Subject: Re: [WG: Accessibility] FW: Sakai is being recognized as "taking accessibility seriously" on the WebAIM e-mail list

Brian/Mary:

I agree with Eli: thanks for sharing!

My takeaway from this is that whatever Sakai's actual accessibility, our approach to accessibility is correct: to be open and thorough.
Just putting a stamp on software certifying a complex characteristic like accessibility is not the same thing as having an ongoing, open and deep engagement with it.

- Nate


On Thu, Dec 9, 2010 at 9:21 AM, Eli Cochran <[hidden email]> wrote:

> Brian,
> Thanks for sharing that. I'm spreading a little wider.
>
> - Eli
>
> On Dec 9, 2010, at 9:10 AM, Richwine, Brian L wrote:
>
>> Mary found this encouraging take on the Sakai Community on a WebAIM e-mail list:
>>
>> -----Original Message-----
>> From: Stores, Mary A.
>> Sent: Thursday, December 09, 2010 11:55 AM
>> To: Richwine, Brian L; Londergan, M D; Humbert, Joseph A
>> Subject: Sakai is being recognized as "taking accessibility
>> seriously" on the WebAIM e-mail list
>>
>> Is there anything I should say to them? I'm happy to do something.
>>
>> Mary
>>
>>
>> ----- Forwarded message from [hidden email] -----
>>    Date: Thu, 9 Dec 2010 11:47:14 -0500 (EST)
>>    From: [hidden email]
>> Reply-To: WebAIM Discussion List <[hidden email]>
>> Subject: Re: [WebAIM] Accessible SCORM Compliant E-Learning Software
>>      To: WebAIM Discussion List <[hidden email]>
>>
>> Sam asked:
>>
>> "I am looking for a SCORM compliant e-learning software and authoring tool that is accessible. Ideally, both the authoring tools and the courses they produce should be accessible. "
>>
>> And Michael Langum responded:
>>
>> "Don't forget that an accessible course is only half the issue.
>> You (or you client) will also need to ensure that your Learning Management System (LMS) is also accessible."
>>
>> I will also add, the classes are only accessible as the course designers make them. No matter how much accessibility is built into the learning management system, if the professor/course designer puts up videos without captions, flash without accessibility, and images without alternative text. Training your faculty/course designers is a huge part of making sure your classes are accessible.
>>
>> (Also, kudos for making sure that both the authoring tools and the
>> courses be accessible -- many course designers have accessibility
>> needs as well! As do the LMS administrators, so make sure that the
>> administration tools are also accessible.)
>>
>> In any case, I've been very impressed with both Moodle and Sakai, fairly unimpressed with Blackboard, and exceedingly unimpressed with Angel. The latter two obfuscate what they mean by accessibility and what their accessibility efforts are. Moodle and Sakai, on the other hand, both take accessibility very seriously and are very open about what they mean by accessibility and what their efforts are:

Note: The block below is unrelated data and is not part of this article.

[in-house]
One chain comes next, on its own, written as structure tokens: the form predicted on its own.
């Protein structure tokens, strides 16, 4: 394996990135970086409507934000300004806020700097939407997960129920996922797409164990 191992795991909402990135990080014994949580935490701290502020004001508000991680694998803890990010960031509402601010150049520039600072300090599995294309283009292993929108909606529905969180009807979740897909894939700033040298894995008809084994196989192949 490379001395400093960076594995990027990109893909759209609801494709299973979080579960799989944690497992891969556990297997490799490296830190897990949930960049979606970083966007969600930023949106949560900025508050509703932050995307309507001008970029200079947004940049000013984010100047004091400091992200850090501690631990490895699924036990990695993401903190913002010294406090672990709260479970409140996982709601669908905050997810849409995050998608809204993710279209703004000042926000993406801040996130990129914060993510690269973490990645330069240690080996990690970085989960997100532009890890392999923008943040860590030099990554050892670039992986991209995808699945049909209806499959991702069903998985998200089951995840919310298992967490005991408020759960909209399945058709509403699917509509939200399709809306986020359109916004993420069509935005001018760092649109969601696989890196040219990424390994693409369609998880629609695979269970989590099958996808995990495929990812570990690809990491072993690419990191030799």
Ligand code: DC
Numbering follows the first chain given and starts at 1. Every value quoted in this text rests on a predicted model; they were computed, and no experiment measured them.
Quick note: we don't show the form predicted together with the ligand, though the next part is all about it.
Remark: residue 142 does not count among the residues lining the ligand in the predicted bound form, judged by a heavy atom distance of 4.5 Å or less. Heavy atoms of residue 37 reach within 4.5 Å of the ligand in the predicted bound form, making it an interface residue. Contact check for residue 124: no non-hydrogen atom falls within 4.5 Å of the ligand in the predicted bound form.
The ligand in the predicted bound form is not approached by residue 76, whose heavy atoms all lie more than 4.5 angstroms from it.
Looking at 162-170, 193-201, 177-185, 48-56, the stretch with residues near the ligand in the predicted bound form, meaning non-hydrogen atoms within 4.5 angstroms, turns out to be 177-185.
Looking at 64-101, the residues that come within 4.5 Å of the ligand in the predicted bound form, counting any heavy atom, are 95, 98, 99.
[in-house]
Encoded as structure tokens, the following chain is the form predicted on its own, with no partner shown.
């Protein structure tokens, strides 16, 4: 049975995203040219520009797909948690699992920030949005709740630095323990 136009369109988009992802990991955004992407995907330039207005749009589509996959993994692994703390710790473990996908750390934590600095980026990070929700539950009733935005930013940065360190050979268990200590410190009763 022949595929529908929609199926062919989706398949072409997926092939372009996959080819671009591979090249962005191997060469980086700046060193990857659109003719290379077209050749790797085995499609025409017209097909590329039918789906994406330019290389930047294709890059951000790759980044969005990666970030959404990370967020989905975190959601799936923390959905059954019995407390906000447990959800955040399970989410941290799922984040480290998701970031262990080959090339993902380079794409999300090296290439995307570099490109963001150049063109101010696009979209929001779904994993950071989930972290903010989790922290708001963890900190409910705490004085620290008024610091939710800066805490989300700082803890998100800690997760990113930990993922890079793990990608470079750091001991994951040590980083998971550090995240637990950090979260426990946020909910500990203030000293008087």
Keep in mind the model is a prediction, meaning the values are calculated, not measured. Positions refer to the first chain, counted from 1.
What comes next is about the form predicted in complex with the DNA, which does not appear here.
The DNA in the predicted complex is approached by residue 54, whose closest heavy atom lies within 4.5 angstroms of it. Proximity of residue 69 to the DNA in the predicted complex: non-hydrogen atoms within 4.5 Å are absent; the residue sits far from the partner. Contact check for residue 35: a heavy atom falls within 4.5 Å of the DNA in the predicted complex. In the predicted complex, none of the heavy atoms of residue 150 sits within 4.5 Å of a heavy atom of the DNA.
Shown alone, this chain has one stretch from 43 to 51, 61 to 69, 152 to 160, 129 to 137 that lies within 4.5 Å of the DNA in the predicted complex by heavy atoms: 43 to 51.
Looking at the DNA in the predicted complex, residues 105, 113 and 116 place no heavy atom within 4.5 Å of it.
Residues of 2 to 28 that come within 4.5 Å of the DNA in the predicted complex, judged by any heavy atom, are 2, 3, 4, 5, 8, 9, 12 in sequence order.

>>
>> http://docs.moodle.org/en/Moodle_Accessibility_Specification
>> http://confluence.sakaiproject.org/display/2ACC/Sakai's+Current+Acces
>> sibility
>>
>> My favorite part of the Moodle accessibility specification is at
>> <http://docs.moodle.org/en/Moodle_Accessibility_Specification#Rationale_for_Moodle_accessibility>:
>> the legal, moral, and market argument for taking accessibility seriously.
>>
>> -Deborah
>> _______________________________________________
>> To manage your subscription, visit http://list.webaim.org/ Address
>> list messages to [hidden email]
>>
>>
>> ----- End forwarded message -----
>>
>>
>> _______________________________________________
>> accessibility mailing list
>> [hidden email]
>> http://collab.sakaiproject.org/mailman/listinfo/accessibility
>>
>> TO UNSUBSCRIBE: send email to [hidden email] with a subject of "unsubscribe"
>
> . . . . . . . . . . .  .  .   .    .      .         .              .                     .
>
> Eli Cochran
> manager of user experience design
> user interaction developer
> Educational Technology Services, UC Berkeley
>
> "A designer knows he has achieved perfection not when there is nothing left to add, but when there is nothing left to take away."
>    - Antoine De Saint-Exupery
>
>
>
>
>
>
>
>
> _______________________________________________
> accessibility mailing list
> [hidden email]
> http://collab.sakaiproject.org/mailman/listinfo/accessibility
>
> TO UNSUBSCRIBE: send email to [hidden email] with a subject of "unsubscribe"
>
_______________________________________________
management mailing list
[hidden email]
http://collab.sakaiproject.org/mailman/listinfo/management

TO UNSUBSCRIBE: send email to [hidden email] with a subject of "unsubscribe"